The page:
[CQ-Contest] WSJT-X and contesting

Jim Brown k9yc at audiosystemsgroup.com
Mon Dec 3 15:14:39 EST 2018

On 12/3/2018 10:22 AM, Wayne, W5XD wrote:
> ARRL has added WSJT-X as an allowable mode for next month's RTTY Round
> Up. I am daring to speak from ignorance (I have yet to make a single FT8
> QSO) but will ask anyway whether this is a "good idea."

Your post indicates ignorance of how modes like FT8 work. I suggest that 
you install WSJT-X and make some QSOs before making rash statements like 
this based on hearsay. It might interest you to know that some first 
rate contesters and DXers are active using FT8. I use it extensively on 
6M. One of those promoting FT8 for contesting is W0YK. FT8 is close to 
replacing RTTY for DXpeditions. Top CW ops like AA7A, AA7JV, and K6MM 
were among those who did a lot of FT8 from KH1, and more top CW ops did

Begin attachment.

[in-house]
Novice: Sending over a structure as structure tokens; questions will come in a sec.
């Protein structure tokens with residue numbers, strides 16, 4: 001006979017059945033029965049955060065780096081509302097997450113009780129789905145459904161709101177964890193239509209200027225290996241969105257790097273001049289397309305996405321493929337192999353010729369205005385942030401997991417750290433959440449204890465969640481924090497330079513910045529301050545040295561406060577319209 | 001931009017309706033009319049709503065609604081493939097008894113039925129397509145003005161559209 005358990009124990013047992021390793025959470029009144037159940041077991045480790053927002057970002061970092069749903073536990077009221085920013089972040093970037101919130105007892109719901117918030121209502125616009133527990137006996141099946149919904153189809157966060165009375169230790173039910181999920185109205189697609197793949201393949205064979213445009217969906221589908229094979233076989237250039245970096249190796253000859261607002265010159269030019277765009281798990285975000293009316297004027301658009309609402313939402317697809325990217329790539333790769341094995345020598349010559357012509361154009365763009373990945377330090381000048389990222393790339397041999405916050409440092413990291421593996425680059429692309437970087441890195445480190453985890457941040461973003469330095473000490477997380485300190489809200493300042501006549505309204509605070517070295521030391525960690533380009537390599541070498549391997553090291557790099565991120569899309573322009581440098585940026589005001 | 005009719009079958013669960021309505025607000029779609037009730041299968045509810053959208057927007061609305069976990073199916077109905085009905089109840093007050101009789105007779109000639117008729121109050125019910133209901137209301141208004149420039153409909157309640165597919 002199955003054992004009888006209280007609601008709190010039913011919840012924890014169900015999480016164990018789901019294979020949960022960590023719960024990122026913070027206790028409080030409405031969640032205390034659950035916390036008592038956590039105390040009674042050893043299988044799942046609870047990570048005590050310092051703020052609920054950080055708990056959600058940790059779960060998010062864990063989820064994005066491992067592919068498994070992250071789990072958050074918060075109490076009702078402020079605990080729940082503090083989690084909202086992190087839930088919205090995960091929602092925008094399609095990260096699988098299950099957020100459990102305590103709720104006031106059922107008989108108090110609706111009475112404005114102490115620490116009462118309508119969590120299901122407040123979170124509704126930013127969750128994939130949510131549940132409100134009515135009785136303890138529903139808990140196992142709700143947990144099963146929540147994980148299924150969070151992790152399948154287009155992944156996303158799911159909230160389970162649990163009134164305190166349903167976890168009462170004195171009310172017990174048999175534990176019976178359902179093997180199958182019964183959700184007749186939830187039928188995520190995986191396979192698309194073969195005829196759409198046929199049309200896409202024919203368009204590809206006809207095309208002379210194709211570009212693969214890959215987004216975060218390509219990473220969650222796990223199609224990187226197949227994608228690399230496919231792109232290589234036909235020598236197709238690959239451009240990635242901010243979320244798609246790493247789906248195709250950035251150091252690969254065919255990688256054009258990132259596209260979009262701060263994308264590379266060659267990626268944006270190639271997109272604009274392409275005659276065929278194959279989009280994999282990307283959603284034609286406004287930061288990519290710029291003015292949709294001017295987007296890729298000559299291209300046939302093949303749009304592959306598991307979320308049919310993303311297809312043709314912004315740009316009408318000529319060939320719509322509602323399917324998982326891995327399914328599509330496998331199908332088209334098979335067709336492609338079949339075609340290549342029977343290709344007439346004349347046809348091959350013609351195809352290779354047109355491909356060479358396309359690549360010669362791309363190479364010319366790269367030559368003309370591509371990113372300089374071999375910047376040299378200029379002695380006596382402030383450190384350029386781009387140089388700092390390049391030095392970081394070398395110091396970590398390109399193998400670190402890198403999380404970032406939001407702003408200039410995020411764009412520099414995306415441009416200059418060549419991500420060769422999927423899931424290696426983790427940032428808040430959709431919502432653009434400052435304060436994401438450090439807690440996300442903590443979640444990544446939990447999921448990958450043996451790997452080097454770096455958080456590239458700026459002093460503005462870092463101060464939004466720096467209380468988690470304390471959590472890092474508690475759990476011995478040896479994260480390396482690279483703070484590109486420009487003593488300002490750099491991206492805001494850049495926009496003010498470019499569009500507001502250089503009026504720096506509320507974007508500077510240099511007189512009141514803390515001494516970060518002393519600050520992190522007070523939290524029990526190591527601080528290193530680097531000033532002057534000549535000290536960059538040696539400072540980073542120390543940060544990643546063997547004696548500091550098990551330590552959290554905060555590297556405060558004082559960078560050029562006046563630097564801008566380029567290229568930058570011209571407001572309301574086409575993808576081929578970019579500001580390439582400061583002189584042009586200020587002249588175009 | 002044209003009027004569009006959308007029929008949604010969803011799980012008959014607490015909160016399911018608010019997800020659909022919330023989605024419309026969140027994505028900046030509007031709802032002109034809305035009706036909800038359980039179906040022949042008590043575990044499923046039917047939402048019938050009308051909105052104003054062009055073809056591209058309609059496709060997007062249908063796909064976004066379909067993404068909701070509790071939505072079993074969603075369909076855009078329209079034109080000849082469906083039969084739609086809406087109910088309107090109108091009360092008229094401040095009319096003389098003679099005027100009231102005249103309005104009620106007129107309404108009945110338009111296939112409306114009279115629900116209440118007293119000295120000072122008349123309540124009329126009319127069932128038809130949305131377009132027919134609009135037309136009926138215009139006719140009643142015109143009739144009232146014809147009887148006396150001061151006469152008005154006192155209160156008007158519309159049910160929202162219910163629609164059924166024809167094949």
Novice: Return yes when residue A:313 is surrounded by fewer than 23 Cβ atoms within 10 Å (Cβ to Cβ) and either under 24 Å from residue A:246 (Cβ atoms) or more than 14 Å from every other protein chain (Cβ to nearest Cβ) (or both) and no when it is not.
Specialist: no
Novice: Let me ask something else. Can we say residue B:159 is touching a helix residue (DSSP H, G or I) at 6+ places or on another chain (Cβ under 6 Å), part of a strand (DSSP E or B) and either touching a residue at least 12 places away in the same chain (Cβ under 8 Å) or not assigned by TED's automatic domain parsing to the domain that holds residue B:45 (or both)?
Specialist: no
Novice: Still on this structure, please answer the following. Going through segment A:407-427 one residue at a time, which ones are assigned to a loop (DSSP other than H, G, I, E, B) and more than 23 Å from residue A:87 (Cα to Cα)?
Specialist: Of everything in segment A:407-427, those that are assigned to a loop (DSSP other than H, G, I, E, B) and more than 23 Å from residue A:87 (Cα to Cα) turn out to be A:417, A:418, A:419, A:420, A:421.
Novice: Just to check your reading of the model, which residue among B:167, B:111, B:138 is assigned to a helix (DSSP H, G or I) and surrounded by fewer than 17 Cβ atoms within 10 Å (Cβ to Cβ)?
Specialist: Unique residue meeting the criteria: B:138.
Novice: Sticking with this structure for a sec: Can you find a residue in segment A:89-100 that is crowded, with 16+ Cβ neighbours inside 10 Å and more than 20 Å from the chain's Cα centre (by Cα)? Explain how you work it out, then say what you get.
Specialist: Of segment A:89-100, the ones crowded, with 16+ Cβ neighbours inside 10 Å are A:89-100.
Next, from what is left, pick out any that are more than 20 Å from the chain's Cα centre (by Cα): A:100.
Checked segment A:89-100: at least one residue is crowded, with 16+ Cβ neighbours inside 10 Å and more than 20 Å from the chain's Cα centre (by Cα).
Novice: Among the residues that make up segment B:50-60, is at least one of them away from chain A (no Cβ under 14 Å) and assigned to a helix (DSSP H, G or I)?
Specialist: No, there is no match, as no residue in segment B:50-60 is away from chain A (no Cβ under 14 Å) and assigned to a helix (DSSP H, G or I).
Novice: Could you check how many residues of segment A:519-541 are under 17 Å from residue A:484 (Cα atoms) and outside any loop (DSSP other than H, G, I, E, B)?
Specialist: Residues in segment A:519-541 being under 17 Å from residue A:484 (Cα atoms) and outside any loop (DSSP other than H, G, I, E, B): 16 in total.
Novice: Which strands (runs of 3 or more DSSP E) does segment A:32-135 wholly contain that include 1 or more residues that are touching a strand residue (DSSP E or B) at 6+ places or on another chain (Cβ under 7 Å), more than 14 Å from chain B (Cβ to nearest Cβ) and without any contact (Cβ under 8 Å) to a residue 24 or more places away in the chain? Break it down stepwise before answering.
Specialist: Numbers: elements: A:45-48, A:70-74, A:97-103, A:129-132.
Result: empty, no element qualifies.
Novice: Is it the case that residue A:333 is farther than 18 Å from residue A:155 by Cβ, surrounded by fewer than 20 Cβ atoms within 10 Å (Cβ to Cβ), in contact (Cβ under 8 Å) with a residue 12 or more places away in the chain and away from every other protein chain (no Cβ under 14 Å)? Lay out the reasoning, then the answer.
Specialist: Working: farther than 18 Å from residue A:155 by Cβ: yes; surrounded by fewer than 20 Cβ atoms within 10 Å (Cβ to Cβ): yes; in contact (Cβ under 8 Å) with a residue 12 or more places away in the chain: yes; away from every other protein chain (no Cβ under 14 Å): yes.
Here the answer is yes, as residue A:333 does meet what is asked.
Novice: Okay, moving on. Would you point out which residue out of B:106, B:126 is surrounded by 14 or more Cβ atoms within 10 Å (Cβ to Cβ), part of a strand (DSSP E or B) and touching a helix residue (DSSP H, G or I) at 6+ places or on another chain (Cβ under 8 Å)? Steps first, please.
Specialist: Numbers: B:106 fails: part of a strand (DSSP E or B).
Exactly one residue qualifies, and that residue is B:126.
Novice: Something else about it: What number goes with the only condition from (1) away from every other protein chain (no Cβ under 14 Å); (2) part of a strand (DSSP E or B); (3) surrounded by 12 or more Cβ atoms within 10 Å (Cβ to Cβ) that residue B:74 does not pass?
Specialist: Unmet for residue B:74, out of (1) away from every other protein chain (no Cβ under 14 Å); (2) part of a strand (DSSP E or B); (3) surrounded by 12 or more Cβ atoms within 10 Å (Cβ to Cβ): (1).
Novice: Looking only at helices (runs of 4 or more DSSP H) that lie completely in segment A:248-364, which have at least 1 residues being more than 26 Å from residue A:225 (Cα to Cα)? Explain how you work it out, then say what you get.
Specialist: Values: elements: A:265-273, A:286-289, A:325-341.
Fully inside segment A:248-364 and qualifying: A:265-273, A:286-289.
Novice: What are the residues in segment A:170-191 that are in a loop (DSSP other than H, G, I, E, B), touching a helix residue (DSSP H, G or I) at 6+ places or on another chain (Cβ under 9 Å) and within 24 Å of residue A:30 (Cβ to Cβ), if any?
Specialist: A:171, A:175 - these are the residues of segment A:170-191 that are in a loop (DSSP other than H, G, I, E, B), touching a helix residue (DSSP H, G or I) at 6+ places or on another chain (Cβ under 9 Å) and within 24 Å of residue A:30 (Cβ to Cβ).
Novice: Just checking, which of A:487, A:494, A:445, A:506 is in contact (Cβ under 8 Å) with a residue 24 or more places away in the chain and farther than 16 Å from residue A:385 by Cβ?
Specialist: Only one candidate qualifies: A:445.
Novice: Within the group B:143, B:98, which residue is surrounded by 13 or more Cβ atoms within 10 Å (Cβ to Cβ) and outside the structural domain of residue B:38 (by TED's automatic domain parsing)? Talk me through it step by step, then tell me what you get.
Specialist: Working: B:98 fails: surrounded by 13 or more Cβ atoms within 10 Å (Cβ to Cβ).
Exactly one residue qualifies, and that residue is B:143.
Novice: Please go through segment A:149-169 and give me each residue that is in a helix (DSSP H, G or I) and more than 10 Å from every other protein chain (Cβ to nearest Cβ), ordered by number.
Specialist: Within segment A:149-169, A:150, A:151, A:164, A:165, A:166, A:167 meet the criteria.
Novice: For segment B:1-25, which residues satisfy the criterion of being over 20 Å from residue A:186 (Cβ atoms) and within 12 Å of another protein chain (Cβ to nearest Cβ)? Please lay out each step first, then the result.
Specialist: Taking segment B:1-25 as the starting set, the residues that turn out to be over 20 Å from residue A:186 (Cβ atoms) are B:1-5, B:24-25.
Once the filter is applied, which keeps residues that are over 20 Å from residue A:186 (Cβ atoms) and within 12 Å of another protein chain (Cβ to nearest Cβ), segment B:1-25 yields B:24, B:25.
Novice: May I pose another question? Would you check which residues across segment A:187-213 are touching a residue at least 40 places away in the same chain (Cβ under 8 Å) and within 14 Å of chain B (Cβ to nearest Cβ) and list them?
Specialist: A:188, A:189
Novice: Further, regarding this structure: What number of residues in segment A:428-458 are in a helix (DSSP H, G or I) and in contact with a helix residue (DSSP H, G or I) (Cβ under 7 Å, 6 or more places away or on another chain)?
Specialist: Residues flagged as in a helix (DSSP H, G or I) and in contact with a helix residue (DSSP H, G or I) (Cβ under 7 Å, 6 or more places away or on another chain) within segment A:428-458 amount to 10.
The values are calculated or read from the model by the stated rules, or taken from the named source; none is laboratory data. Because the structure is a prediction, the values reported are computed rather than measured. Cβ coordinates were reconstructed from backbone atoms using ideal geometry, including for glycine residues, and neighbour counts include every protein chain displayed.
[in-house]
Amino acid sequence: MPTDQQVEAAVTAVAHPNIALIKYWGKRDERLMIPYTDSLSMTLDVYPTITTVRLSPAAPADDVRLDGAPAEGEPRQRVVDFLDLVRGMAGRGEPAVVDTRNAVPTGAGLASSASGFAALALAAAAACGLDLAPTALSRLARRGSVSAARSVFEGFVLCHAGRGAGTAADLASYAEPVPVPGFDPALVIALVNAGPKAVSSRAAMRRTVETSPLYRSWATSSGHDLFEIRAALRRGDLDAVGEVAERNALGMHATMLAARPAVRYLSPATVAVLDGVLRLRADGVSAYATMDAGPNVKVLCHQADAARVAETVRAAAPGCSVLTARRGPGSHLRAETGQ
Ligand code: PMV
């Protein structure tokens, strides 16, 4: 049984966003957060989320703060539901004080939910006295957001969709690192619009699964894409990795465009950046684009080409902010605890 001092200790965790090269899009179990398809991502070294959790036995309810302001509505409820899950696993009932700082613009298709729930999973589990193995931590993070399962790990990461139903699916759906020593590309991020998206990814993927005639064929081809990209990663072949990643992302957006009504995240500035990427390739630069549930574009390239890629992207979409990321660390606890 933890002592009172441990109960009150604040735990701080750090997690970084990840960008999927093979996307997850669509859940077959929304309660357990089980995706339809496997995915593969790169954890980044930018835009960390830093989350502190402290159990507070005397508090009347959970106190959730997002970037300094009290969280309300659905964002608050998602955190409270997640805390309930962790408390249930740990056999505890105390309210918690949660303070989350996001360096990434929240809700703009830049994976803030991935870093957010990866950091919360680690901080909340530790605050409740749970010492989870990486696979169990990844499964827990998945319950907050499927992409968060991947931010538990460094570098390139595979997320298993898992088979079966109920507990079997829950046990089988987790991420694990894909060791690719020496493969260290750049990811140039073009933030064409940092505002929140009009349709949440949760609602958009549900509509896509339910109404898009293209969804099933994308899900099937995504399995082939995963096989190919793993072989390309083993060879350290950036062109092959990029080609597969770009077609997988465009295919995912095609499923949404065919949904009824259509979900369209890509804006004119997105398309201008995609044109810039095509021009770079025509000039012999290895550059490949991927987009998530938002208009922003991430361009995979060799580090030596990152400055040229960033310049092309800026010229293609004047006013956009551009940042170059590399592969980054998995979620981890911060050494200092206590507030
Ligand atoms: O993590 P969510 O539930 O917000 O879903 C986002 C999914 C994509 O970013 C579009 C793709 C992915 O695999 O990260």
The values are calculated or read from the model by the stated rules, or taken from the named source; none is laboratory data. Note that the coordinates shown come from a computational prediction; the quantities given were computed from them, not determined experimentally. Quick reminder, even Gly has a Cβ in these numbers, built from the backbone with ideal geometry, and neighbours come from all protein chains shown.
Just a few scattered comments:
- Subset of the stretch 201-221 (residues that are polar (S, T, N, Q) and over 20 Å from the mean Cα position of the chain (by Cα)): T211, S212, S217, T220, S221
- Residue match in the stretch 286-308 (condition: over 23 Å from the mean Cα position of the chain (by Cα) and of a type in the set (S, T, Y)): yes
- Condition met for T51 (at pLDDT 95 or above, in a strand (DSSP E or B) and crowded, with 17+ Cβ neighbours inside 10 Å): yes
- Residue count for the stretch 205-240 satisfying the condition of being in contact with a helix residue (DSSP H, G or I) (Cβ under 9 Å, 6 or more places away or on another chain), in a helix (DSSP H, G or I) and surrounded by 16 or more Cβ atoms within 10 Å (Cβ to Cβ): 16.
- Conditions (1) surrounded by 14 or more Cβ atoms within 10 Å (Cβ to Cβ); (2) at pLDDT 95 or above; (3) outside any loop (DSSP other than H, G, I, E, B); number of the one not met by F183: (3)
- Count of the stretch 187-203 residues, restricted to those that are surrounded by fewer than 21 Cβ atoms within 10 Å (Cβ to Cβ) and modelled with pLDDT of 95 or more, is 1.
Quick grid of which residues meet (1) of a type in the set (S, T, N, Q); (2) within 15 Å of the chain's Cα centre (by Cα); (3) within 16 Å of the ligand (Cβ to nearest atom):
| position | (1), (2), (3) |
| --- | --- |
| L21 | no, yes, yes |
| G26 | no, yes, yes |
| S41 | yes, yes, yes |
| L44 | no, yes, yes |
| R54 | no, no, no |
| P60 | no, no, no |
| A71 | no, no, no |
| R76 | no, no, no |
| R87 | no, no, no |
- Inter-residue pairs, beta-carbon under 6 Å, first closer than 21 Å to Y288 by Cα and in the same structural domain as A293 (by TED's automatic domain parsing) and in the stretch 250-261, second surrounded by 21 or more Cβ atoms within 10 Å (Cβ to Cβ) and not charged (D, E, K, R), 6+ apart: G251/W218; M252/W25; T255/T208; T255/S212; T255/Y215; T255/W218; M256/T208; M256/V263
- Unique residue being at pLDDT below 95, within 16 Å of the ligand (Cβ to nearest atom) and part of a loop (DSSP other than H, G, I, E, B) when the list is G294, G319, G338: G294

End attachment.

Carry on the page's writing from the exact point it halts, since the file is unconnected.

the same from VP6D. AA7JV appreciated the ability of FT8 to put EU 
stations in the log at signal levels 10 dB below where CW works.

Modern contesting makes extensive use of computer software and hardware. 
I have yet to meet anyone who can copy RTTY in their head or generate by 
hand. All the CW that most of us send in a contest is computer 
generated. The computer checks for dupes, presents us with a list of 
calls to choose from when we start to enter one. The computer puts the 
calls it sees from its RTTY decoder into a stack, from which we can 
automatically work the one at the top. We can initiate a QSO by clicking 
on a call on the screen. CW and RTTY skimmers fill our bandmaps with 
calls, highlighted by color to tell us whether they're workable and 
their multiplier value. In contests like CQWW, the computer fills in the 
exchange -- all the human does is copy the call.

I am among the many OTs who started contesting in the '50s with a bug, 
two ears, paper logs and paper dupe sheets. I wonder if any of those 
purists who look down on modes like FT8 still do that.

73, Jim K9YC

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